Here’s your good news for the day: so-called “forever chemicals,” or PFAS, cancer-causing pollutants found in everything from drinking water to polar bears, may not be forever. 

A newly released study by researchers from the University of California, Los Angeles and Northwestern University provided a model of how to destroy per- and polyfluoroalkyl substances — PFAS — using fairly low-tech practices. These chemicals are dubbed  “forever chemicals” as they do not break down in the environment. PFAS has been used in a variety of industrial and commercial applications, from kid’s toys to fast food wrappers, for decades, and removing it from the environment has become imperative. Experts believe that PFAS exist in the bloodstreams of people and animals around the world. And research is mounting about the links between the chemicals and such maladies as infertility, high blood pressure in mid-life women, stunted developmental growth, as well as kidney, liver, and testicular cancers.

The study suggests that heating the chemicals to around 176 to 248 degrees Farenheitand adding the commercially used solvent dimethyl sulfoxide and sodium hydroxide, or lye, will “behead” the chemical compound and leave behind non-toxic chemicals fluoride, carbon dioxide, and formic acid.

Researchers have attempted various methods to destroy PFAS in the past, such as using chemicals found in makeup to erode almost the entire compound in as little as four hours. A 2020 study from Philadelphia’s Drexel University was able to blast the compound with plasma and kill upwards of 90 percent of it. The UCLA and Northwestern study was successful in breaking down the chemicals with heat and solvents, but it didn’t work on every strain.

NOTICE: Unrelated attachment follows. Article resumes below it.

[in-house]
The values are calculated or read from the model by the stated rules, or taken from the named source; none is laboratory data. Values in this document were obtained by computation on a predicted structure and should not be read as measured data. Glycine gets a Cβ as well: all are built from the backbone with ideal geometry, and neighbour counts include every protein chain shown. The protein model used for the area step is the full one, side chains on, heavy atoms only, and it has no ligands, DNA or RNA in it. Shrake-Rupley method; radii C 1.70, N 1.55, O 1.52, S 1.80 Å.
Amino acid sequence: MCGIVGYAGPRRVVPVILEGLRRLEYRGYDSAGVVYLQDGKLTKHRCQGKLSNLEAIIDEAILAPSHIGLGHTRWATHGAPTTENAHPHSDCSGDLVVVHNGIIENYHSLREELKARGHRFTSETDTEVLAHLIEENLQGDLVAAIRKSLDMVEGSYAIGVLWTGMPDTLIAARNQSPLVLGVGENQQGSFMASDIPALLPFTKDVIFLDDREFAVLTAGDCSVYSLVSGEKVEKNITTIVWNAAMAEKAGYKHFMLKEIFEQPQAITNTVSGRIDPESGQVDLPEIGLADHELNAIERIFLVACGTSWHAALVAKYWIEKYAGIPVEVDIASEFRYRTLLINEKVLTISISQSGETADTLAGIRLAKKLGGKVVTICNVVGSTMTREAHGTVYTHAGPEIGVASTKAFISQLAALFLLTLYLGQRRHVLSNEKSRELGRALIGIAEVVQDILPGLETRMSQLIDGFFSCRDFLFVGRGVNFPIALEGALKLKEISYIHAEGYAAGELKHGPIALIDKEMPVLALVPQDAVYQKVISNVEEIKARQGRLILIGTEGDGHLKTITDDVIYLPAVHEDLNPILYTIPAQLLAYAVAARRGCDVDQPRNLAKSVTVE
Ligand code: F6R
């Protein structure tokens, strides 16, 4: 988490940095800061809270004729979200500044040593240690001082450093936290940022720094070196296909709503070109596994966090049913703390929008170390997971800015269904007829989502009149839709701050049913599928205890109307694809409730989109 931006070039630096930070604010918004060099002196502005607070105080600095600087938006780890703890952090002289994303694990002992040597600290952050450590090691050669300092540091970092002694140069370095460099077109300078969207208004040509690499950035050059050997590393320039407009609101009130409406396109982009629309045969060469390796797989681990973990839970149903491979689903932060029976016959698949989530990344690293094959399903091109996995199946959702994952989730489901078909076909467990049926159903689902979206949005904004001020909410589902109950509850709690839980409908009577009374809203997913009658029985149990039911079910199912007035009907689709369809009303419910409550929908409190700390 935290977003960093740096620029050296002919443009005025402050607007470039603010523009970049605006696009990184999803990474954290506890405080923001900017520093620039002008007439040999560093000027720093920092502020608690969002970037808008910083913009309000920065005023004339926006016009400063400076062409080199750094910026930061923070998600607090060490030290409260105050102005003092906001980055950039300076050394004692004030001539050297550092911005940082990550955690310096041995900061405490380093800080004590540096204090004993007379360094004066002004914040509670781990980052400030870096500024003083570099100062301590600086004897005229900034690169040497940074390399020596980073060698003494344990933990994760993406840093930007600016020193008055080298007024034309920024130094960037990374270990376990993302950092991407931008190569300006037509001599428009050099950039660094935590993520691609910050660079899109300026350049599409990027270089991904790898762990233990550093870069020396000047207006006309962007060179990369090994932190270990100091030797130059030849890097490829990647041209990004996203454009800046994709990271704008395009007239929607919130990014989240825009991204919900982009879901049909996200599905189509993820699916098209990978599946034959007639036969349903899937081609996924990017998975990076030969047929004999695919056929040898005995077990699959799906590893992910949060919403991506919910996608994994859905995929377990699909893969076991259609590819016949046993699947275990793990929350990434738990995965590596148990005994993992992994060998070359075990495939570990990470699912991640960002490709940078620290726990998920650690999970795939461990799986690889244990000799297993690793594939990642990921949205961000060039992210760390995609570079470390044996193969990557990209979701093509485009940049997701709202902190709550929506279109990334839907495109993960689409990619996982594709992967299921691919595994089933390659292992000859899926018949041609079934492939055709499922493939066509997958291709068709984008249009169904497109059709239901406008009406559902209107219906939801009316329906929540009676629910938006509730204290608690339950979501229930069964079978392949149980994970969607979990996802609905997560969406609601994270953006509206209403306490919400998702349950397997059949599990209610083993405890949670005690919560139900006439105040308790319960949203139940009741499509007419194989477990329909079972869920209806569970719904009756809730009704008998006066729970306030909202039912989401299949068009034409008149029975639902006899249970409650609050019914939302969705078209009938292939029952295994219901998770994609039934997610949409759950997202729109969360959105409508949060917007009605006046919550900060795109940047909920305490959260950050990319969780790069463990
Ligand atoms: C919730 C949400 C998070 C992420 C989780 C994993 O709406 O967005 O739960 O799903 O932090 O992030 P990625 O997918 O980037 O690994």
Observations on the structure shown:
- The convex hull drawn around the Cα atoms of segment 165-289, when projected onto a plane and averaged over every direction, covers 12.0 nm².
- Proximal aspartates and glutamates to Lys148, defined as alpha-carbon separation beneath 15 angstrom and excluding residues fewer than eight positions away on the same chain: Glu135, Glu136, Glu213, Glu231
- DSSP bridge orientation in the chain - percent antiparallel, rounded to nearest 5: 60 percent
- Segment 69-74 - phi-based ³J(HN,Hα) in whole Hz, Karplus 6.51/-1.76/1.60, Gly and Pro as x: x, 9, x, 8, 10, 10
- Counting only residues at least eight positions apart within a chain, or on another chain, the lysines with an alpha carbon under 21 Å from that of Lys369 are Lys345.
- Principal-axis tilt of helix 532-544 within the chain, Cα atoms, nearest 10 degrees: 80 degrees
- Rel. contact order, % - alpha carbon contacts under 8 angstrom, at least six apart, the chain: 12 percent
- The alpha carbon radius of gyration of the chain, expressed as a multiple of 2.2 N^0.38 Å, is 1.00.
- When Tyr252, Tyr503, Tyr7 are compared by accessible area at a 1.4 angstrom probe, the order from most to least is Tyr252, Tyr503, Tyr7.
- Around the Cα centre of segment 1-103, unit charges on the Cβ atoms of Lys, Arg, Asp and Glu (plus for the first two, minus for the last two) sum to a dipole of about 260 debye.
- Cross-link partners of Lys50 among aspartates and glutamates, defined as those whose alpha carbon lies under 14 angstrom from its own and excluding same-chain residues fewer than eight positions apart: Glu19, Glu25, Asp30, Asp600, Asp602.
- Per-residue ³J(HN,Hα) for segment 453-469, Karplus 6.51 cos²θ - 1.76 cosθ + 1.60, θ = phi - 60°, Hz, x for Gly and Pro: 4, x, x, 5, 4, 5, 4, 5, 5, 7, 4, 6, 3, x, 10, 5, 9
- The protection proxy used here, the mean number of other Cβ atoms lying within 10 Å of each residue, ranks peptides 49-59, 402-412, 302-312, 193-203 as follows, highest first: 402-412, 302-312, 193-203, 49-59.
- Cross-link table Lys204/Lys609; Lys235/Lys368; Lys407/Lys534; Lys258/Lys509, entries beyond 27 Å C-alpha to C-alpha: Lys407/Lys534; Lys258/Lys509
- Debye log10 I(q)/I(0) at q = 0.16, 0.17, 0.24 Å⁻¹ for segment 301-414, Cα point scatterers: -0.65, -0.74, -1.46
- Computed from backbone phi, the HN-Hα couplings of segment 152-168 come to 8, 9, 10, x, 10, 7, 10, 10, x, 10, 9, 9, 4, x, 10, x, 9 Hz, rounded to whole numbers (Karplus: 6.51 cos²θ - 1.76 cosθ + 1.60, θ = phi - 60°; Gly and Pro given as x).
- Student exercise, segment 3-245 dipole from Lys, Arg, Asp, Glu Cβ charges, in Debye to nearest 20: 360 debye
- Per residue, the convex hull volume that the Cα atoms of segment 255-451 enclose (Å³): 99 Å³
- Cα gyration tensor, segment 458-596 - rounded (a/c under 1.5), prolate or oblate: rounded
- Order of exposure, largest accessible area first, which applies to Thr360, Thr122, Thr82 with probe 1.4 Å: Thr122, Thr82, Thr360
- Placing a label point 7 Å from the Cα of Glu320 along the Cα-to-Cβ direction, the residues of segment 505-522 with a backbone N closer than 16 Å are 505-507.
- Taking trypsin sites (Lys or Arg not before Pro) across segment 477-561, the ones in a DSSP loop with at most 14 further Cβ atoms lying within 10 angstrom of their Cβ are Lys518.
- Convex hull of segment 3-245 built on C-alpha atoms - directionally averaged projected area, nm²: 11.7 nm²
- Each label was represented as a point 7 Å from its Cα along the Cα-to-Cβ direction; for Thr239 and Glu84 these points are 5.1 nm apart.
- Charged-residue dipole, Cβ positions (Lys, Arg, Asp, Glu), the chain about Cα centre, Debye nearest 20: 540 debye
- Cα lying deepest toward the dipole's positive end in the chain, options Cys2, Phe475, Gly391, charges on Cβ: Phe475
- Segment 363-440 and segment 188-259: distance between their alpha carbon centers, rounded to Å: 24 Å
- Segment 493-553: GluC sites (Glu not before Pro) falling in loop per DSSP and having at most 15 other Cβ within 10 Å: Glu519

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PFAS is a group of over 9,000 synthetic chemicals and are everywhere. They have been discovered in every single state, with a heavy concentration of water contamination in North Carolina, Wisconsin, Ohio, and California. Military bases and airports are recurring contamination sites as PFAS has been found in firefighting foam, which is commonly used in these facilities. The compounds have been found in beef from Michigan, a byproduct of the state’s contaminated waterways and agricultural fields. Even rainwater isn’t safe from PFAS.

Getting a grip on the chemicals has proven difficult, even with new drinking water guidance released by the Environmental Protection Agency this year. States have taken battles to the courthouse and statehouse to tackle their contaminated water and soil. This summer, Colorado released what some called the nation’s “most comprehensive” state law to address the forever chemicals. Wisconsin’s governor and attorney general filed a lawsuit in July against chemical producers to “ensure that the companies that are responsible — and not Wisconsin taxpayers — will pay to clean it up.” Vermont’s governor followed a similar path and recently signed legislation that would allow the state to sue PFAS manufacturers and let impacted residents place financial responsibility on the companies responsible. Addressing the contamination is both a complex legal and scientific problem, but new emerging methods give a glimmer of hope in tackling pollutants that have seeped into every corner of the country. 

 “Anyone working on PFASs degradation can look at this and maybe have a better understanding of what might be going on,” study co-author William Dichtel told Scientific American.“Even though I don’t pretend that this is the final solution, it really is why I do science — so that I can have a positive impact on the world.”

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